How to Tell Your Kids You’re Moving

Moves are hard on kids. Even if they're only across town, moves disrupt routines, taking kids away from old friends and familiar surroundings. While breaking the news is never easy, there are ways for parents to help cushion the blow. A straightforward but gentle approach works best. If you’re about to sit down and tell your kids you’re moving, here are a few tips to make the discussion (and the move!) run a little smoother.

Family of four sitting on couch together

Don’t Wait

Kids need time to process their emotions, so tell them as soon as possible. The longer you wait, the harder it will be on them. Choose a comfortable setting and be direct. Children respond well to honesty and they need the facts in order to adjust.

Tell Them Why You’re Moving

Change is stressful, but knowing why helps kids come to terms with it. Explain the reasons you’re moving in a way they can comprehend. Once they understand why it's happening, it’ll be easier for them to cope.

Tell Them When You’re Moving

Kids need a timeframe in order to say goodbye. Once they know how long they have, they can start making plans and work out what they want to do before they leave. No doubt there will be friends and places they want to visit before they go. Talking about what’s important will help them make the most of their time in their old home.

Rehearse Your Answers

Before sitting down with your kids, think of the questions they might ask. Knowing how to respond is both reassuring and constructive. By addressing their anxieties, you’re giving them the tools to process their emotions.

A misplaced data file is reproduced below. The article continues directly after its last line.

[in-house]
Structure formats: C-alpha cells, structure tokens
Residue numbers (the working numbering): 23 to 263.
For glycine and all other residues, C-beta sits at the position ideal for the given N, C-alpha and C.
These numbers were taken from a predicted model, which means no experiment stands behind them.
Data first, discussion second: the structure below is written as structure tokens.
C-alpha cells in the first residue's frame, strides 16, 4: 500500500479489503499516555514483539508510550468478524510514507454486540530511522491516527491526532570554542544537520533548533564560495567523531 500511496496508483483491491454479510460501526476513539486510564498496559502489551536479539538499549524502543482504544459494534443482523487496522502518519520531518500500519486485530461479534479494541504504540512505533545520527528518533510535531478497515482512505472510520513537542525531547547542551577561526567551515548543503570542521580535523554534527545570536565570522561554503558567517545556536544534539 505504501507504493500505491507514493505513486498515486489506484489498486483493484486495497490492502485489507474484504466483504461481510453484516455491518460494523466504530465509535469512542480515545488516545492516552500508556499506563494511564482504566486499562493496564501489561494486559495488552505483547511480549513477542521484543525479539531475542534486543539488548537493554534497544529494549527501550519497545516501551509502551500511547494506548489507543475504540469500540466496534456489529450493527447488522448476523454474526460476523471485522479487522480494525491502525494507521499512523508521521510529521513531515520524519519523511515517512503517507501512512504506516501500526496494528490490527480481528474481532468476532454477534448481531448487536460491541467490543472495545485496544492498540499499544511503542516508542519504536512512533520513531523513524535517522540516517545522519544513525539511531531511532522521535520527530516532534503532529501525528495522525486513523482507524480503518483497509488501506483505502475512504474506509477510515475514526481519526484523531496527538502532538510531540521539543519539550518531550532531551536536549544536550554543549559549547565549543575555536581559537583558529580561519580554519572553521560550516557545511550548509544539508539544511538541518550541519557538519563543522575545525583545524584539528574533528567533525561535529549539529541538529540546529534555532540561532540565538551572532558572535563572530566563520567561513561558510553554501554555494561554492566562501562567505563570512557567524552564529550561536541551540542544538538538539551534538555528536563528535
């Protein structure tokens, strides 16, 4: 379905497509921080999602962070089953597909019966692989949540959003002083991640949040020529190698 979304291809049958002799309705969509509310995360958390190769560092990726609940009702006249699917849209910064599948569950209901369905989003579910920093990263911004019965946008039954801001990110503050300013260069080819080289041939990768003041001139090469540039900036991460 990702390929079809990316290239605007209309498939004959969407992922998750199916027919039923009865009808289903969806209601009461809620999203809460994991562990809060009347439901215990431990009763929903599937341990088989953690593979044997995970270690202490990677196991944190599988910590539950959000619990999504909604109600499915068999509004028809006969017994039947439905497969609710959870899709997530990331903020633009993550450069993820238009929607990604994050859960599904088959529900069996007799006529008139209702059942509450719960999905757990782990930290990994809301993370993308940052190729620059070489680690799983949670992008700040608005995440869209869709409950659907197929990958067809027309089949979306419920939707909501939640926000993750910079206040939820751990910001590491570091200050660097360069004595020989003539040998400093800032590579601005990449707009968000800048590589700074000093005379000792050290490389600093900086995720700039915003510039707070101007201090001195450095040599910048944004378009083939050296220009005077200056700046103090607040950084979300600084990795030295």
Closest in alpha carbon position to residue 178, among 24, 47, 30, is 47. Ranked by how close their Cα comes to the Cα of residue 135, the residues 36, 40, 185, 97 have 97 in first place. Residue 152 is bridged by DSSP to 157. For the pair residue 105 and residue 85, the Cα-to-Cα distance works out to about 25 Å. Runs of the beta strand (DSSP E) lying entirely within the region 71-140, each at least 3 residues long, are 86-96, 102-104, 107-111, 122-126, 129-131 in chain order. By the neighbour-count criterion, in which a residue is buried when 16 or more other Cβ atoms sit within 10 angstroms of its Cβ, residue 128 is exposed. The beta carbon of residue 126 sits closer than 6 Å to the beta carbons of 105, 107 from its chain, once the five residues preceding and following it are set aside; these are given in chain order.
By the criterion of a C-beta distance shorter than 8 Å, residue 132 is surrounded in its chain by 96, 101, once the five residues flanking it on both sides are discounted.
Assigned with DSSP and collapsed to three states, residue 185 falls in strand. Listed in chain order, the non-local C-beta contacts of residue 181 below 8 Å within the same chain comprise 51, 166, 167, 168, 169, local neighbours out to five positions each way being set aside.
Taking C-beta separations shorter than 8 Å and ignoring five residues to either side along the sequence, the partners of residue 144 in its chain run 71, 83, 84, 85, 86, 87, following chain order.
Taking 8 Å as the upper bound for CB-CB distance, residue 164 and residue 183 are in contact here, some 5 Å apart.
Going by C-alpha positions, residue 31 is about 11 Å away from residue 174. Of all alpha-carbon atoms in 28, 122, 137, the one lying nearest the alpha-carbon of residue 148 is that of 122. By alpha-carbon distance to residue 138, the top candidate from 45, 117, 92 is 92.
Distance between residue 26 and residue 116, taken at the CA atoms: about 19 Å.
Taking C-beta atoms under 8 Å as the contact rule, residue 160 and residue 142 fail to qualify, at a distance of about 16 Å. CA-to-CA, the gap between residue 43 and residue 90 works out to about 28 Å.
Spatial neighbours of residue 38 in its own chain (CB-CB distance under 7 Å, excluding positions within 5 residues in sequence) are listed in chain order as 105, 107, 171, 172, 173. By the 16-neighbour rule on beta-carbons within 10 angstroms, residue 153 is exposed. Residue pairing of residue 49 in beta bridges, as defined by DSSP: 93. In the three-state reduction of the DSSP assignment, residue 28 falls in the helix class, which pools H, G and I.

Explain What Will Change & What Won’t

Walking your children through the move creates a sense of continuity. Imagining life in their new home helps them prepare for it. Knowing that not everything will change eases the stress of the transition.

Be Positive

Emphasize the positive aspects of the move. Give them at least three things to get excited about. Maybe they’ll get their own bedroom or they’ll be closer to their grandparents or they’ll have a bigger backyard. Remember, it’s tough for children to think abstractly, so make sure whatever you talk about is concrete and tangible.

Be Prepared for Tears

No matter how gently you break the news, it's likely your kids will still be upset. The best thing you can do in this situation is acknowledge their feelings. Let them know you’re going to miss your old home as well, so they know you understand what they’re going through. It will strengthen your connection and make it easier for them to open up to you later.

Give Them Space

Sometimes the best way to help your kids is to let them go off on their own. Time alone gives them a chance to work through their emotions and gain perspective. Let them know you’ll be there for them when they’re ready to talk.

Make Them Part of the Move

No matter how upset they get, it’s important to remember children are resilient. They may be overwhelmed when you tell them you're going to move, but they’ll bounce back eventually. One of the best ways to help is to involve them in the moving process. For instance, you could:

  • Search for your new house together
  • Put them in charge of packing up their room
  • Ask them to research fun things to do in their new neighborhood

Making your children part of the move empowers them and gives them a sense of control. In many cases, it may also help transform moving from an ordeal into an adventure.